HR Support on Military Leave of Absence

Editor's Note: Properly handle employee requests for military leaves.

Melissa S. BurdorfOverview: The Family and Medical Leave Act (FMLA) allows eligible employees with covered family members serving in the military to take two types of leave - military caregiver leave and military or qualifying exigency leave. Military caregiver leave gives eligible employees the right to take up to 26 weeks of unpaid leave during a single 12-month period to care for a covered servicemember with a serious injury or illness incurred or aggravated in the line of duty. Military exigency leave allows an eligible employee whose spouse, son, daughter or parent is called up for covered active duty, or is notified of an impending call or order to covered active duty, to take 12 weeks of unpaid leave for certain exigencies related to the call-up of their family member. Examples of exigencies include leave to attend military events and related activities, to make childcare arrangements, to receive counseling and to rest and recuperate.

In addition to the FMLA, several states require employers to provide employees with leave if the employee has a spouse or other covered family member serving in the military. These state laws may cover different family relationships (such as domestic partners), have more flexible eligibility requirements, have greater leave rights (such as paid leave) and/or have different ways an employee may qualify for leave. Employers should ensure that both state and federal laws are identified and understood. Certifications and other employer-required forms may need to be modified based on the federal and state requirements.

Employers must also be mindful that the FMLA's military exigency and caregiver leave are in addition to the rights provided to servicemembers under the federal Uniformed Services Employment and Reemployment Rights Act (USERRA). Moreover, there are instances where USERRA and the FMLA overlap. For example, when determining FMLA eligibility, employees who are returning from uniformed services must be credited with hours they would have worked had they not been on military leave. Many states also offer employment protection for individuals who serve in the military or who are called to serve while employed. Employers must be diligent in considering all laws when handling military leave issues.

Trends: As more and more states legalize same-sex marriage, employers in those locations should update their family military leave policies to include same-sex spouses.

Author: Melissa S. Burdorf, JD, Legal Editor

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    Type:
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    Delaware employers seeking to educate employees about the availability of military leave and to demonstrate their compliance with Delaware's military leave law should consider including this model policy statement in their handbook.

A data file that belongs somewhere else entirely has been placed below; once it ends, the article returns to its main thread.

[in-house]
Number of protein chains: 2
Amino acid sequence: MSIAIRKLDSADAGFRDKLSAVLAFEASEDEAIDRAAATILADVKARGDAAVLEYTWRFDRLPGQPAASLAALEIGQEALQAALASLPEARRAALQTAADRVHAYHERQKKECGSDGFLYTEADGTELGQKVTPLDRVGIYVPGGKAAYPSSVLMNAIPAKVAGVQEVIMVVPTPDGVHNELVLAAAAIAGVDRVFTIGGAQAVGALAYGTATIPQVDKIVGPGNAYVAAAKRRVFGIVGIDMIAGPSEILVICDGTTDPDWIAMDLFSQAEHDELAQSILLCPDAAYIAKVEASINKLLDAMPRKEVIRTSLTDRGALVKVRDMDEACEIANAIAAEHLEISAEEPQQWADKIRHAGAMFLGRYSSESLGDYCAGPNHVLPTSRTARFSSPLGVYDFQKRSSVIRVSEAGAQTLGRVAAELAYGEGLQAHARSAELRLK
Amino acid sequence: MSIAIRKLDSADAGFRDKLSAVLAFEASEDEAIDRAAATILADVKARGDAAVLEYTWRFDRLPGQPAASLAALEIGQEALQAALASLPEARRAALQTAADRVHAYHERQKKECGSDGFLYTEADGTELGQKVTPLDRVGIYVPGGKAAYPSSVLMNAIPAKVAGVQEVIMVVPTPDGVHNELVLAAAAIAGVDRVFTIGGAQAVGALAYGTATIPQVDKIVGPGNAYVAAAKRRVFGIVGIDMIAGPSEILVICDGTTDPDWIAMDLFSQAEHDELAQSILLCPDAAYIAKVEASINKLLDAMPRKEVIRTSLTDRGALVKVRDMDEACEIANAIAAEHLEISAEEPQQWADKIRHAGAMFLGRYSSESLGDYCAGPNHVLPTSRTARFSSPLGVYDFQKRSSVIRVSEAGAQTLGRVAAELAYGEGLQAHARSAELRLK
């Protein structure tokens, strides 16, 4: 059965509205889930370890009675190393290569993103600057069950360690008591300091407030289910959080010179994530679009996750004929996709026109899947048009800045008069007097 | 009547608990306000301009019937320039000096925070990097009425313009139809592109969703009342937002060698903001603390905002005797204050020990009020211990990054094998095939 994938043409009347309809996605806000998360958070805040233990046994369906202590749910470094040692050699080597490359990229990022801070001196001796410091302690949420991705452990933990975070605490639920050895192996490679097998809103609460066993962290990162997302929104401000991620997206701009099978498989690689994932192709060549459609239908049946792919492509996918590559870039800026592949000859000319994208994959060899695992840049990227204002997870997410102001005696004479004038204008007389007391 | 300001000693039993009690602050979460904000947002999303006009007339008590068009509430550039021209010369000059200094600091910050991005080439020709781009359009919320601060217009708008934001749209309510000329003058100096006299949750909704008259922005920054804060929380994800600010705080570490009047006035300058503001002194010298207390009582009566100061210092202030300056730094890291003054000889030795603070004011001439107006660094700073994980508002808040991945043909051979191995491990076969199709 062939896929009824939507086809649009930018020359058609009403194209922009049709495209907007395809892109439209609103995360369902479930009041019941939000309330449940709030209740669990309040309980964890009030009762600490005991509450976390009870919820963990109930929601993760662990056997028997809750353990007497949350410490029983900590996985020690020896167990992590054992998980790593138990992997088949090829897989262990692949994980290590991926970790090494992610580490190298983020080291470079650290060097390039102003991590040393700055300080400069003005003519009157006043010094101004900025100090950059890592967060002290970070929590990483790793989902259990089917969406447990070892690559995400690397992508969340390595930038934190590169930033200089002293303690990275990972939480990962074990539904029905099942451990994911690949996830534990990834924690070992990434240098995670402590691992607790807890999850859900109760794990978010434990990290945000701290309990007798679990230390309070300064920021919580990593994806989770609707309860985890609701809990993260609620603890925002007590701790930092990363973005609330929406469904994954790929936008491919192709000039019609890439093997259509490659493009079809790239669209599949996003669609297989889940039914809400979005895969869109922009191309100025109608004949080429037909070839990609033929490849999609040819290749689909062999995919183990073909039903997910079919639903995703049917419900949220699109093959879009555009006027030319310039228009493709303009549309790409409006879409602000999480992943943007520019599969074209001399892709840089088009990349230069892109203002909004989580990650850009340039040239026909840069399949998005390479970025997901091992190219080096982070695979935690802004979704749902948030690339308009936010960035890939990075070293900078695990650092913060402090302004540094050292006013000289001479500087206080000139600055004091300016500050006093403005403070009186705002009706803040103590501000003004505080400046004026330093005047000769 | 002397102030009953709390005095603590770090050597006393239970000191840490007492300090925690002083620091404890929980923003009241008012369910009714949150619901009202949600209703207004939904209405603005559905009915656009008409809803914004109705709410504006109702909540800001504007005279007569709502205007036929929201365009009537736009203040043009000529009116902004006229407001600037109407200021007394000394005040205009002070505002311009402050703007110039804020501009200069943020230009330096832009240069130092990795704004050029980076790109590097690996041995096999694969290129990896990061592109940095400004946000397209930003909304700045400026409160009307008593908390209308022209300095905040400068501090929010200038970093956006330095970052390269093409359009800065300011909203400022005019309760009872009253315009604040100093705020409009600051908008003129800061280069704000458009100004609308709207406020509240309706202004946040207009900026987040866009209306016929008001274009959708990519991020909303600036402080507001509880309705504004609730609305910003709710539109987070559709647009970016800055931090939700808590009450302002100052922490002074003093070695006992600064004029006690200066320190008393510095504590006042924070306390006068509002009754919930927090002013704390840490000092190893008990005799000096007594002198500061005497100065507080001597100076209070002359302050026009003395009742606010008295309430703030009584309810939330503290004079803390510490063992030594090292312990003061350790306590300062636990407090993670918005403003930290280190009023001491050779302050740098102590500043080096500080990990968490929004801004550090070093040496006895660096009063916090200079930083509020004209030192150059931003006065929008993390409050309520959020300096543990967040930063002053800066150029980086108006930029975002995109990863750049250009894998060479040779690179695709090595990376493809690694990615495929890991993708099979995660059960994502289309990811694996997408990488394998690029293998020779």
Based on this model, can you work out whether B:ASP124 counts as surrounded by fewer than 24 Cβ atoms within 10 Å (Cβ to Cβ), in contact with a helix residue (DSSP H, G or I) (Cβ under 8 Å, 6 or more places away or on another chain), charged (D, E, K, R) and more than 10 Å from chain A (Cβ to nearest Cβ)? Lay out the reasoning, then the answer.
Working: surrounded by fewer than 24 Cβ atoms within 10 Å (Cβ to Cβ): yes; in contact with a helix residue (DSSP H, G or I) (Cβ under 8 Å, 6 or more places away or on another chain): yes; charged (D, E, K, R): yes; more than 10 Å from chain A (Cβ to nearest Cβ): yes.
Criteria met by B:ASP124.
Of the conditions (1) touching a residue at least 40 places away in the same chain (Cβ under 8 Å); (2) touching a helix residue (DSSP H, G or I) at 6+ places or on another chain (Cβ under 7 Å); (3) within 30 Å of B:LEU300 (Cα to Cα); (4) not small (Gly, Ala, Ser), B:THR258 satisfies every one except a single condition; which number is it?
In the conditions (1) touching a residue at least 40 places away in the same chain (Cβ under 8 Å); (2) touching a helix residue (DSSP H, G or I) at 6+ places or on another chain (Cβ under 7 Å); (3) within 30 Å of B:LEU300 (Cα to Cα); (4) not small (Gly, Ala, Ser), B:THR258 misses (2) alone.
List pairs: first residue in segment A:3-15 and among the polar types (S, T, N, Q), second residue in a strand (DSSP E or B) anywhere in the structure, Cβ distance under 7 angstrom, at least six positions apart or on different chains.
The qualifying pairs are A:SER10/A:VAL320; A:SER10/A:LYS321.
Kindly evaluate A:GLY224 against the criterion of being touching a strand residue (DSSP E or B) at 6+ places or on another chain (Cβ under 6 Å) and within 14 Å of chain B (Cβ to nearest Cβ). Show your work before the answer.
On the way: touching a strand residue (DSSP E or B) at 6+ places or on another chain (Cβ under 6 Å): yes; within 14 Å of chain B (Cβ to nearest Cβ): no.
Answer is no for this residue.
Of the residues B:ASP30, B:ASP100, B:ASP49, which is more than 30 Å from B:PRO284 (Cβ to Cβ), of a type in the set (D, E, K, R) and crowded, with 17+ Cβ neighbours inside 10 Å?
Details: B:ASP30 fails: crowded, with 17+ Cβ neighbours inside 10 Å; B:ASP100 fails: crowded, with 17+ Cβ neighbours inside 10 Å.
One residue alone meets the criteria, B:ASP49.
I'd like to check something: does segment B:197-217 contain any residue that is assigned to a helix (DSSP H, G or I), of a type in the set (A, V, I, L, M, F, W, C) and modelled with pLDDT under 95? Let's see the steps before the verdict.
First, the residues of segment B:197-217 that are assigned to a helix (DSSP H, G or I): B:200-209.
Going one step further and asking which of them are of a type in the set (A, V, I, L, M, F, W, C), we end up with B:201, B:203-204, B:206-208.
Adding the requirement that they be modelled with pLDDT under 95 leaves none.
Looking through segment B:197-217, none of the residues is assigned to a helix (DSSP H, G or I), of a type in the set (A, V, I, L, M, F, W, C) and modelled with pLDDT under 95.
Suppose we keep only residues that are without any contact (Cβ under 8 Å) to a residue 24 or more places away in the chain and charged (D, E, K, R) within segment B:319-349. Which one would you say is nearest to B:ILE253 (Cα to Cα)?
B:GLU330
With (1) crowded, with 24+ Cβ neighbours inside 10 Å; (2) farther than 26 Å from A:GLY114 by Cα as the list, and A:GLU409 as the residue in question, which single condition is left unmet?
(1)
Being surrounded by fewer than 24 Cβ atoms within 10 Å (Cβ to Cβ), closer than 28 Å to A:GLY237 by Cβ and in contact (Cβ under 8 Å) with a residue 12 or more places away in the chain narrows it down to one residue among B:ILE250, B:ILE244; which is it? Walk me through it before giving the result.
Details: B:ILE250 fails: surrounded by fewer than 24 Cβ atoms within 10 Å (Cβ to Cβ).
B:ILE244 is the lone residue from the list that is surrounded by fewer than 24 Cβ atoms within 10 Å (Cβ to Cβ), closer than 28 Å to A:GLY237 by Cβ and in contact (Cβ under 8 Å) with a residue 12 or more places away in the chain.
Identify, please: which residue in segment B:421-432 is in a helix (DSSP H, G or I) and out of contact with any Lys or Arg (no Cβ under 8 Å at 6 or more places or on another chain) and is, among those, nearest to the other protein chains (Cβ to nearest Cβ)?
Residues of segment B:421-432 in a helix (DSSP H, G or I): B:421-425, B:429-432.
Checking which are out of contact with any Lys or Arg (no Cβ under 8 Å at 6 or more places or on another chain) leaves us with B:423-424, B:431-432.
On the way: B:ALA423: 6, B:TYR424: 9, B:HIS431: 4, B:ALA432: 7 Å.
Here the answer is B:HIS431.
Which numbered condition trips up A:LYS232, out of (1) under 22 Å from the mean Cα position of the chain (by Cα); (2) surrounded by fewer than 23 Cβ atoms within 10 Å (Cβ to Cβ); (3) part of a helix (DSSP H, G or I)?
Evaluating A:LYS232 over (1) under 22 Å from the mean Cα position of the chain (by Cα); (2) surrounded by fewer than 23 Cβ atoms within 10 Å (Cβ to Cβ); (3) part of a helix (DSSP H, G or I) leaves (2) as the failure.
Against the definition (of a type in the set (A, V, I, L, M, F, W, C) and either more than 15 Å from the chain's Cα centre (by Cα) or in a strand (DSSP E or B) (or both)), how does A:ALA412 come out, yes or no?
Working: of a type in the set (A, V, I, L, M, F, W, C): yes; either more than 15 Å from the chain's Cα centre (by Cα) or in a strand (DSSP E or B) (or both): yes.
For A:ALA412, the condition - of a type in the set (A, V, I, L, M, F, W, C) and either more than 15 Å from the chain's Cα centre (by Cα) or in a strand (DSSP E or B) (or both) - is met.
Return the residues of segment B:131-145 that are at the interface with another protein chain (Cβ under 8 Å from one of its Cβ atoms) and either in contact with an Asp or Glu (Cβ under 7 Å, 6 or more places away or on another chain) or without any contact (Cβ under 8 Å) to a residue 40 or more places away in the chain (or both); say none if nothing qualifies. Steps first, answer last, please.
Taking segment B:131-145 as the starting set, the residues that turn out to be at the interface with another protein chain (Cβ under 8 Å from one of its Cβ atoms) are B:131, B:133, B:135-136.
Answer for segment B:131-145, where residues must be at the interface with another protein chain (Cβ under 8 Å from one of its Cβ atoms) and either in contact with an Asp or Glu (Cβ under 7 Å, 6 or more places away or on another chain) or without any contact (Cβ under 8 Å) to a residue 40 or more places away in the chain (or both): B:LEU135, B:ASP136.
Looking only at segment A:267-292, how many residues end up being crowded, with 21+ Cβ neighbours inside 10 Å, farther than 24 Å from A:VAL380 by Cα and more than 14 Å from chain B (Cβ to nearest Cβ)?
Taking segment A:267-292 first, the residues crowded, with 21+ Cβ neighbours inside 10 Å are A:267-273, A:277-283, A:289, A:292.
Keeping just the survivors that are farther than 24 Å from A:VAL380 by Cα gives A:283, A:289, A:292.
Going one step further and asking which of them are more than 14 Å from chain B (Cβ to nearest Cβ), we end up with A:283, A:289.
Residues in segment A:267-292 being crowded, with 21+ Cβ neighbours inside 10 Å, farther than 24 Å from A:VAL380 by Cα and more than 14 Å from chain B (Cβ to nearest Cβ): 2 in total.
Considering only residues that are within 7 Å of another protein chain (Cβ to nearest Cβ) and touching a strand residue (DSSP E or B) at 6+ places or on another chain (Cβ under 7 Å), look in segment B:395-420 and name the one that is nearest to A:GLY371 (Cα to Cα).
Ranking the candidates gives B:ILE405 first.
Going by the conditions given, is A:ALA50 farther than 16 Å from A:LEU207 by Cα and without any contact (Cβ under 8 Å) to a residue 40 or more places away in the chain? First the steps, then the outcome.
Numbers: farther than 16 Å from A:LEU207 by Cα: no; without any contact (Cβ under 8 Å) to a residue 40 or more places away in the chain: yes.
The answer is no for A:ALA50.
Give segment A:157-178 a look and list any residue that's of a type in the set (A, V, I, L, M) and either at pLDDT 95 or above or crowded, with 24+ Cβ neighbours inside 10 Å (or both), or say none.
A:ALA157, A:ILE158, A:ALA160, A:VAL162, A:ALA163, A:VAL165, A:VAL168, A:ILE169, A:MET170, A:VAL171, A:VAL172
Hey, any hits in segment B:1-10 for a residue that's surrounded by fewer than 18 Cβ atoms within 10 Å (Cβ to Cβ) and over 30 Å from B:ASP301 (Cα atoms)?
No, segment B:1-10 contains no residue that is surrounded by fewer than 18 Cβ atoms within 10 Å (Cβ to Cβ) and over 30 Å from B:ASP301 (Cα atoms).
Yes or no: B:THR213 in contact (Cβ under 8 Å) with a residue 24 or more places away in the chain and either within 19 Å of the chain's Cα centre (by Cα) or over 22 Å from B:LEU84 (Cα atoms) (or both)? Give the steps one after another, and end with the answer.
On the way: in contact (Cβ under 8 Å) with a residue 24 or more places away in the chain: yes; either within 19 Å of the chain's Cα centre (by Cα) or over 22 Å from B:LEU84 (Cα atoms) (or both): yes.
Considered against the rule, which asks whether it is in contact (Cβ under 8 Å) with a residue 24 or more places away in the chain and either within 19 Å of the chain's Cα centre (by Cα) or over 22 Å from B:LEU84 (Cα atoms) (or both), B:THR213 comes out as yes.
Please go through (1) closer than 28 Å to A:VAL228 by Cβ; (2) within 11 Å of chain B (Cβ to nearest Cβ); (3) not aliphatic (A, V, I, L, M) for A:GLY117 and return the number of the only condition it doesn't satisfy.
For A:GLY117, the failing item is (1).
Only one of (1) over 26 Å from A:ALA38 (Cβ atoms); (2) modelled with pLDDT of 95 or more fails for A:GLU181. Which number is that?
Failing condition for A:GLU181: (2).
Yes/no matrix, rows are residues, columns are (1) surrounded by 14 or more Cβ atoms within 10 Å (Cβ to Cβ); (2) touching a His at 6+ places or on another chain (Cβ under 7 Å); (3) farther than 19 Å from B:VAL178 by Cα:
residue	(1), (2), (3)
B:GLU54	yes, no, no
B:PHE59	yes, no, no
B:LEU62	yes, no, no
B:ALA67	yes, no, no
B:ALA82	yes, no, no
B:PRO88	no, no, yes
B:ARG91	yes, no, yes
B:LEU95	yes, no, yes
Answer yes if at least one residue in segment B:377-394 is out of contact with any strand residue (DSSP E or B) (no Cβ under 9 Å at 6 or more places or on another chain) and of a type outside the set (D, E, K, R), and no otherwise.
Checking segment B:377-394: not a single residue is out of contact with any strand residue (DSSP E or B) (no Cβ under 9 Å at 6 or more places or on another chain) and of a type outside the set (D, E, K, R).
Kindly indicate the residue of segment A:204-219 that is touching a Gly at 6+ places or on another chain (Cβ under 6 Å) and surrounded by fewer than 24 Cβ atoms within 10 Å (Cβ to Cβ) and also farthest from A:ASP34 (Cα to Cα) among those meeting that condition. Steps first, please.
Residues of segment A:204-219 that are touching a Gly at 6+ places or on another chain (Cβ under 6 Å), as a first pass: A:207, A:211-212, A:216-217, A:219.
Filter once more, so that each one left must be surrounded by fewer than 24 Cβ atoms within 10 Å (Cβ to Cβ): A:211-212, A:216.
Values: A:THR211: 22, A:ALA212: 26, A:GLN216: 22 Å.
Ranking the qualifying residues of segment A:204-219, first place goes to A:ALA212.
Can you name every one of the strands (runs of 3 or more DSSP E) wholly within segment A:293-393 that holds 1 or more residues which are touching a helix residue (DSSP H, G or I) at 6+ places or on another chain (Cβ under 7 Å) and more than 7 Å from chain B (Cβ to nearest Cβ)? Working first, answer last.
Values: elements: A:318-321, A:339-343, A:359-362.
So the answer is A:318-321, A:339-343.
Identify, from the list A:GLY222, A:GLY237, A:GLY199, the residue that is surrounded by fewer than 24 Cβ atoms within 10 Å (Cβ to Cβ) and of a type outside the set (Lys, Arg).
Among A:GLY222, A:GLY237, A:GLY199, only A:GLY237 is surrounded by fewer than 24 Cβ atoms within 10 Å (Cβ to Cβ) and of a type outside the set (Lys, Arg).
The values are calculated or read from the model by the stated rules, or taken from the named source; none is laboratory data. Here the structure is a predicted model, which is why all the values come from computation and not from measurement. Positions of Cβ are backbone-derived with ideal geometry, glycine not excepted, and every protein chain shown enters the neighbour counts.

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    Type:
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    Indiana employers employing 50 or more employees for each working day for at least 20 calendar weeks should consider including this model policy statement in their handbook.

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    Type:
    Employee Handbooks

    Indiana employers seeking to educate employees about the availability of leave for active military duty and military training and to demonstrate compliance with Indiana's military leave law should consider including this model policy statement in their handbook.

  • FMLA: Montana

    Type:
    Employment Law Manual

    In-depth review of the spectrum of Montana employment law requirements HR must follow with respect to FMLA.

  • Military Leave Handbook Statement: Iowa

    Type:
    Employee Handbooks

    Iowa employers with at least one regular (non-temporary) full-time or part-time employee that seek to educate employees about the availability of leave for military duty and to demonstrate their compliance with Iowa's military leave law should consider including this model policy statement in their handbook.

  • Military Leave Handbook Statement: Alabama

    Type:
    Employee Handbooks

    Alabama employers seeking to educate employees about the availability of military leave and to demonstrate compliance with Alabama military leave law should consider including this model policy statement in their handbook.

  • FMLA: Ohio

    Type:
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    In-depth review of the spectrum of Ohio employment law requirements HR must follow with respect to FMLA.

  • FMLA: South Carolina

    Type:
    Employment Law Manual

    In-depth review of the spectrum of South Carolina employment law requirements HR must follow with respect to FMLA.

  • FMLA: Tennessee

    Type:
    Employment Law Manual

    In-depth review of the spectrum of Tennessee employment law requirements HR must follow with respect to FMLA.

  • Military Leave Handbook Statement: Michigan

    Type:
    Employee Handbooks

    Michigan employers seeking to educate employees about the availability of military leave and to demonstrate compliance with Michigan's military leave law should consider including this model policy statement in their handbook.